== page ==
Jan 12, 2009

Sport - Football;MLS opens up for Indian players

Marcus Mergulhao

PANAJI: This is a frontier story with a twist. It is the United States that is now pushing for expansion; in the Indian football context, of course.

Major League Soccer (MLS) has expressed interest in recruiting a clutch of Indian footballers and the country's stars are showing more than just a passing interest.

Two of Indian football's biggest stars — Sunil Chhetri and Steven Dias — were last night handed contracts by US-based FIFA registered agent Eddie Rock and told to sign up at the earliest.

There are a host of players from Kolkata and Goa too who are on the MLS radar. While Chhetri is understood to have sought more time as he remains keen to ply his trade in Europe for a start, Steven, Mahindra United's livewire on the right side of midfield, has already signed on the dotted line.

"I signed up last night," Steven told TOI before leaving for Hong Kong where India is scheduled to play a friendly on Wednesday.

"The agent will now initiate talks with my club and, hopefully, it will pave the way for me to play in the United States. I am excited about the possibilities," said Steven, who, earlier this season upset the Mumbai club by refusing to honour his three-year contract.

Steven could end up at the Washington-based DC United. In its 13-year history, DC United has earned more domestic and international honours than any other American side. LA Galaxy, made famous by a certain David Beckham, also remains a possibility. The MLS evolved from the North Amercian Soccer League (NASL) which three decades ago drew the likes of Pele, Franz Beckenbauer and Gerd Muller — world stars going dim with age but bright enough to illuminate the fledgling soccer stage in the US.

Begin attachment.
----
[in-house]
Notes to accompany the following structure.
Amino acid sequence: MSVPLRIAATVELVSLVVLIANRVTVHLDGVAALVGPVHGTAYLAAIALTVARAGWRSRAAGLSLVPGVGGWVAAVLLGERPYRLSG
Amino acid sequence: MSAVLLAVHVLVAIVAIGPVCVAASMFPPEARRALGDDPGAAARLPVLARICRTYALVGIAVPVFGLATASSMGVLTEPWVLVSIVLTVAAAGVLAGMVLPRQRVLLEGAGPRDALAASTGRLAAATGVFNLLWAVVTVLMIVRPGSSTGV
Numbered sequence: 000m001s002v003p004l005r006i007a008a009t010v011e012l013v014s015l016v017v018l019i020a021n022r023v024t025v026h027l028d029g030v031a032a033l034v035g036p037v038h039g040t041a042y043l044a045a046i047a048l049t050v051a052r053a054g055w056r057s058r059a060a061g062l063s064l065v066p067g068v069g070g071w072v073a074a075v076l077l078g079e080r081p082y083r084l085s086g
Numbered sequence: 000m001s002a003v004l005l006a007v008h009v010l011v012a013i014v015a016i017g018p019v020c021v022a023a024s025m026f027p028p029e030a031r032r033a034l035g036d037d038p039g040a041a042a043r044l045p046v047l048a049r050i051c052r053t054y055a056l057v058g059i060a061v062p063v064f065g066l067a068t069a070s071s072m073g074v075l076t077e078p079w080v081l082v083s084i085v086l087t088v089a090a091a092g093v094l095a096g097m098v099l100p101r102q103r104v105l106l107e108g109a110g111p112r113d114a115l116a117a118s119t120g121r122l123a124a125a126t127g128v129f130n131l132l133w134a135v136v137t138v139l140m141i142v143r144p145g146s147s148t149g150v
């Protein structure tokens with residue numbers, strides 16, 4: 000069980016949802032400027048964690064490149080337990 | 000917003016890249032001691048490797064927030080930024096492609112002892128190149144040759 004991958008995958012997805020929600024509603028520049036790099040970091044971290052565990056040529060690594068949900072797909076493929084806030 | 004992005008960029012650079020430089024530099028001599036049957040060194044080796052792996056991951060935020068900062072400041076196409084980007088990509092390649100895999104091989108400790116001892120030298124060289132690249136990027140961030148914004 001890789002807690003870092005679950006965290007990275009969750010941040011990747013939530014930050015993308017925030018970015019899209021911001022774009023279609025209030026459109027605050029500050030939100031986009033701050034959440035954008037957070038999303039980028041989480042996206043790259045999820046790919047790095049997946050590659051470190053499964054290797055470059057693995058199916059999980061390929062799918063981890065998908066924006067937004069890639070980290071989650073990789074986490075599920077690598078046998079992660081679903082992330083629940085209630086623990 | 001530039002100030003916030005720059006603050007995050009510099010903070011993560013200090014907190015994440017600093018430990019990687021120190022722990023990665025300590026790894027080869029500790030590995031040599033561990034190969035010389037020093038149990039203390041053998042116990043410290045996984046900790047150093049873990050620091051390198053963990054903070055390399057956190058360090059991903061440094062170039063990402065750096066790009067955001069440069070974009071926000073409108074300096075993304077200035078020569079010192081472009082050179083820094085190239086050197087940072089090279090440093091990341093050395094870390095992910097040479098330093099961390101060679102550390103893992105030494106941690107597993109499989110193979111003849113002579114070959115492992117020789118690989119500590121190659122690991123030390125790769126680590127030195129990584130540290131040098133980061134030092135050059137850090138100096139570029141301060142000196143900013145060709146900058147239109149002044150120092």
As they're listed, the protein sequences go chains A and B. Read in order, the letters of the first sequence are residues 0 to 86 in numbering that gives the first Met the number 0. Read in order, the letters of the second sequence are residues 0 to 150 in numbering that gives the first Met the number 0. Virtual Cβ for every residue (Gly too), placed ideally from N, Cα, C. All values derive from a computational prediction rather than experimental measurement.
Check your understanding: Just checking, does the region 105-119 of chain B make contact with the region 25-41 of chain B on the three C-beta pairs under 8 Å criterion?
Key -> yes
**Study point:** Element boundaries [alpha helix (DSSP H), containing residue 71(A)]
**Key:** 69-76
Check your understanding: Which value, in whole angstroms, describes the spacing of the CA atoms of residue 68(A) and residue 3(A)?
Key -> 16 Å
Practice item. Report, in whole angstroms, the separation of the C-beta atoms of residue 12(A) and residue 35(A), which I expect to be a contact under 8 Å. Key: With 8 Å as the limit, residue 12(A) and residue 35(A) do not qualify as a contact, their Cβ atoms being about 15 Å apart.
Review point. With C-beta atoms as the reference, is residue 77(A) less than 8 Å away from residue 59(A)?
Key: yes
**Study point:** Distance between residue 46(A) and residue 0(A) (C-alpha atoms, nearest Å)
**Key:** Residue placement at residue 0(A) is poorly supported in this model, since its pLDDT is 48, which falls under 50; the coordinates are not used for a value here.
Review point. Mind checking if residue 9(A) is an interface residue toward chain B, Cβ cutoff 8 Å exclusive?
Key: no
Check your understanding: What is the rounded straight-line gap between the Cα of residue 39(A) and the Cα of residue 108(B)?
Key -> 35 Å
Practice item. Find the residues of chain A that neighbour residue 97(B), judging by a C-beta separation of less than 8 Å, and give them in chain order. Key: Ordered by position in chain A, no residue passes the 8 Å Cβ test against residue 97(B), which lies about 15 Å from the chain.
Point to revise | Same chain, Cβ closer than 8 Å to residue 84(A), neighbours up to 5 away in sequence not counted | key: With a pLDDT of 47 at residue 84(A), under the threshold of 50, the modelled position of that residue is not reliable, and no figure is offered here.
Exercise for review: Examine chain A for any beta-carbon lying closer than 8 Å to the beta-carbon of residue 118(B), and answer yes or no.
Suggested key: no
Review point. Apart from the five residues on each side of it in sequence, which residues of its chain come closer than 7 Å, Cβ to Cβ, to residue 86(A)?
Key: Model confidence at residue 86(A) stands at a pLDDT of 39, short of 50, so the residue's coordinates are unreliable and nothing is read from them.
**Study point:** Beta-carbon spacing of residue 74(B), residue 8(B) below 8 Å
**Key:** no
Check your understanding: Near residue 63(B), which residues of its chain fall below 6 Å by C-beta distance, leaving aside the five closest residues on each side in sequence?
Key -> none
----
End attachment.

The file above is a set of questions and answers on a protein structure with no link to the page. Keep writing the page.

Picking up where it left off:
So much so that it earned the somewhat dubious sobriquet of the ‘Elephants Graveyard'. India coach Bob Houghton feels Indian footballers can measure up to the challenge in the MLS, but did not seem entirely convinced.

"I think the players will be better off playing in Europe. Players go to the MLS towards the end of their career, not necessarily for football reasons," said Houghton, no stranger to the MLS, having coached Colorado at the start of his career.

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